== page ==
Although Hollywood had a Jewish drama of its own, Jewishness wasn’t openly expressed and Jewish themes were neither the subjects nor the subplots of films. Success couldn’t buy you access to country clubs and studios weren’t interested in ‘causes’. But Hecht has found his cause. His introduction came via Peter Bergson, the nom de guerre of Hillel Kook, who had come to America from Lithuania by way of Palestine. After Jabotinsky’s death in 1940, Kook formed a series of organisations to continue his work, including the Committee for a Jewish Army of Stateless and Palestinian Jews, although it wasn’t clear whether the army was intended to fight alongside the Allies or against the British in Palestine. The group’s members were denounced as undemocratic fanatics by the leadership of the American and World Jewish Congresses, but Hecht only became more vehement.
Along with his campaign to alert America, including Jewish America, to the catastrophe in Europe, Hecht was trying to gain support for a Jewish state. If the Jews managed to escape Europe, where should they go? Not to the US: Mrs Roosevelt may have been moved by We Will Never Die, but the policy of her husband’s administration remained the same. It harried the British about Palestine, wept crocodile tears over the war in Europe, and made sure that as few Jews as possible found refuge on American soil, while the State Department tried to conceal its efforts to keep them out in a remarkable display of official mendacity. In this respect, it was following American public opinion. Polls showed a strong vein of popular antisemitism and opposition to Jewish immigration.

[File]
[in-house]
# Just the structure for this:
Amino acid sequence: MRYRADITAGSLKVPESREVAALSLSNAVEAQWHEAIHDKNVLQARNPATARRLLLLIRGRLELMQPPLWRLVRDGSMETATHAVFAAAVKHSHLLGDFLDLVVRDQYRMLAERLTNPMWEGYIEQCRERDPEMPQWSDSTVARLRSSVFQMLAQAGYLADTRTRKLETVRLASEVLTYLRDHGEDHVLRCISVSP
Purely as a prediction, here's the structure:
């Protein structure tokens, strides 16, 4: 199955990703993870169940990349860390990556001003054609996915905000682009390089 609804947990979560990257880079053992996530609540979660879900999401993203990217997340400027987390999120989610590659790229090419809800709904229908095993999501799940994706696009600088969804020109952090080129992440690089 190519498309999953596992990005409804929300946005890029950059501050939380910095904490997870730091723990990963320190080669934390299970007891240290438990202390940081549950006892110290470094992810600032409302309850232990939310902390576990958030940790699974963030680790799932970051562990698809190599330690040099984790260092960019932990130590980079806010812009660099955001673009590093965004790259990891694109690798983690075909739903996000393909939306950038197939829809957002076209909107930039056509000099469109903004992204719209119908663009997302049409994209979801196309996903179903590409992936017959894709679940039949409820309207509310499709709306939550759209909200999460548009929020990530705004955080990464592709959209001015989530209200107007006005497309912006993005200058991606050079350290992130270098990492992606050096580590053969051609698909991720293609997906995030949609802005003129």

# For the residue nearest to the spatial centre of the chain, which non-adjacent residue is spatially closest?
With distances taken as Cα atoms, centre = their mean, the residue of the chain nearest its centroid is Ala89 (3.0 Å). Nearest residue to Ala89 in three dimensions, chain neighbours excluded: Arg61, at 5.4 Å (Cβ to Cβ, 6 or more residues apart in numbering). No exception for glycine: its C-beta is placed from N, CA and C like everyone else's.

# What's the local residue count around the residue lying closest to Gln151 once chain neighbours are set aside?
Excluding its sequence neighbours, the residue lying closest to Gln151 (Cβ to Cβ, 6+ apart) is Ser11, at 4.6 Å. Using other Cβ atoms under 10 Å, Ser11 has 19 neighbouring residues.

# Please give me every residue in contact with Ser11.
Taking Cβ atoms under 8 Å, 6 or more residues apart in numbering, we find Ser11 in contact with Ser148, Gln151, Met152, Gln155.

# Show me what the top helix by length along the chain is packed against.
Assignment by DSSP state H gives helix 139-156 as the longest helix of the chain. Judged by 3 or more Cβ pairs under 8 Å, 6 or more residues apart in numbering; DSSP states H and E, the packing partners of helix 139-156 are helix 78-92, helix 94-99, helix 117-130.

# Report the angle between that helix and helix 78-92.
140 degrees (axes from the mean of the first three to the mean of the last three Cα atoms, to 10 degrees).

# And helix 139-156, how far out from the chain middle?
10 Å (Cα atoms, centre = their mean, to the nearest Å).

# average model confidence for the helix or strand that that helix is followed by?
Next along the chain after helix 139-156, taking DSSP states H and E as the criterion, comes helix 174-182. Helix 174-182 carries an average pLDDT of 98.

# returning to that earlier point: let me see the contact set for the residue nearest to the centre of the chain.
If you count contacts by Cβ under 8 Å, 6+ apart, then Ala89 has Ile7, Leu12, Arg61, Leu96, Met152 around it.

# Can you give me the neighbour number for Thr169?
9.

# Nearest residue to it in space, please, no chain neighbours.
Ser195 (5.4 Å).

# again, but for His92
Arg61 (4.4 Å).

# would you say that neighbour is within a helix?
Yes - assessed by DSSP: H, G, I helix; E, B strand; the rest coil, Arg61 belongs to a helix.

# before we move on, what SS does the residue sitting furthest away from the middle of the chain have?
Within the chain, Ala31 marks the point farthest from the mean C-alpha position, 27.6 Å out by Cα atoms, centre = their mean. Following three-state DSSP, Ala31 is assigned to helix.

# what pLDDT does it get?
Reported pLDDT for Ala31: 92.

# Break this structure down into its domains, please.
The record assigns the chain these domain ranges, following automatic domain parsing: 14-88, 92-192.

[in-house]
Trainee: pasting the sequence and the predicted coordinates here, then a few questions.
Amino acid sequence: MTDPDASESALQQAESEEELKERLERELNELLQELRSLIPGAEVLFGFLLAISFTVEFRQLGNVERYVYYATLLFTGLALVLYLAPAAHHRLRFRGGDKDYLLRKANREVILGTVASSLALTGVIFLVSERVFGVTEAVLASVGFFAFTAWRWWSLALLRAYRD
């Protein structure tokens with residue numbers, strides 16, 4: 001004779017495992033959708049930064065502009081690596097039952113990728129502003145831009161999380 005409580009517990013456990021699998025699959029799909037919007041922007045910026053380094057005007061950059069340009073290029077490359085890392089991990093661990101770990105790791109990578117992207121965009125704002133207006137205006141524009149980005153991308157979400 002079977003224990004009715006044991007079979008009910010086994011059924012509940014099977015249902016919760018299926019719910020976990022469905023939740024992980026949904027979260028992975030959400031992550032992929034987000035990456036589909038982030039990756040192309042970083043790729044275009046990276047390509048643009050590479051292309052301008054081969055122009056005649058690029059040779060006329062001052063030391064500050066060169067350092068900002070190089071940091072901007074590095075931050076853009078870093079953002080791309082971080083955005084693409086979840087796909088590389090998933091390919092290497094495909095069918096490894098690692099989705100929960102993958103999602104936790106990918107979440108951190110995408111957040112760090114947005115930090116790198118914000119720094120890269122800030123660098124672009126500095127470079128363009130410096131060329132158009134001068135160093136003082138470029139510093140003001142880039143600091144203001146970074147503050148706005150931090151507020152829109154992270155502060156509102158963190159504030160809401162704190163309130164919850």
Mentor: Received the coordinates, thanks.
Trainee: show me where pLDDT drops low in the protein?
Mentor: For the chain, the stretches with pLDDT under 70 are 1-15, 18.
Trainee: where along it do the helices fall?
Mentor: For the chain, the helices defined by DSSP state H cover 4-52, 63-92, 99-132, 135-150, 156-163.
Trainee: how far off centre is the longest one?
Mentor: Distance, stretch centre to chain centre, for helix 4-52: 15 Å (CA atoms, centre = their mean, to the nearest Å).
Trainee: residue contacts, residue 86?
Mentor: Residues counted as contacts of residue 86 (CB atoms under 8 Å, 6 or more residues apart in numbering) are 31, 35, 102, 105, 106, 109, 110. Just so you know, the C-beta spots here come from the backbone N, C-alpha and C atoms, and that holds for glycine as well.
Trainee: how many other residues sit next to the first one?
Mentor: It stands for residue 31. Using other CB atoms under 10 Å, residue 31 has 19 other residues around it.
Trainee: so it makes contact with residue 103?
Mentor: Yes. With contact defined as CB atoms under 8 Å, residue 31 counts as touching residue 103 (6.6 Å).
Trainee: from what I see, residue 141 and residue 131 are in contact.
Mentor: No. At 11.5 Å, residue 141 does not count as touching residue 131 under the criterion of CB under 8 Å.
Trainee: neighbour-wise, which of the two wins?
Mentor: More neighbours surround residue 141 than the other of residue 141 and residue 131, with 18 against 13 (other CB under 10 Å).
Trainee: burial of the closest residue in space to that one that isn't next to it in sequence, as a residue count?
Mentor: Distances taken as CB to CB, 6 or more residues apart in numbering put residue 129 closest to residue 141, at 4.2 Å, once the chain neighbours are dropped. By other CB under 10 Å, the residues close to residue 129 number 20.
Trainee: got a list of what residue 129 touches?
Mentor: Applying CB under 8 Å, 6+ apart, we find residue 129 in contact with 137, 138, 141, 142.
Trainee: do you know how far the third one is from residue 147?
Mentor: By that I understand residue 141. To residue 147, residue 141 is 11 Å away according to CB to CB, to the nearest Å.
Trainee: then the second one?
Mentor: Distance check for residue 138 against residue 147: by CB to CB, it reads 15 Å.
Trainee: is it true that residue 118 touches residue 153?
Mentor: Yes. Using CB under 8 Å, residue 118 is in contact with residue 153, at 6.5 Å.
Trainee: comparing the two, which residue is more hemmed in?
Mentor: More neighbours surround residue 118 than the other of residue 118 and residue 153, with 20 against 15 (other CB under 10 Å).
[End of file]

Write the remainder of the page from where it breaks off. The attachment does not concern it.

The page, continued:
If Hecht and his Revisionist friends were to find the rescued Jews a home in Palestine, it would be against the wishes of the Arab majority and what Hecht called ‘the sly British’, who were desperately trying to maintain order. In February 1944, the Irgun declared that it was at war with the British; a still more militant faction, the Lehi (known as the Stern Gang), pursued its own campaign of violence. As co-chairman of the American League for a Free Palestine – an ironical name in hindsight – Hecht was also an unofficial spokesman for the Stern Gang. When they assassinated Lord Moyne, the British minister of state for the Middle East, in Cairo in November 1944, Churchill denounced the assassins as ‘a new set of gangsters worthy of Nazi Germany’ and came close to forswearing his lifelong support for Zionism. Hecht’s response was to write a satirical play, performed at Carnegie Hall, mocking Churchill as a false friend to the Jews.
After the war ended, Irgun violence increased. In 1946, the King David Hotel in Jerusalem was blown up, killing 91 people, while the Irgun and Sternists raided military bases and attacked trains, in a campaign modelled on the IRA’s in 1919-21 (Yitzhak Shamir, the Sternist leader who ordered Moyne’s assassination, used the code name ‘Michael’, in homage to Michael Collins). In May 1947, Hecht placed an advertisement in two New York newspapers, apostrophising the Irgun: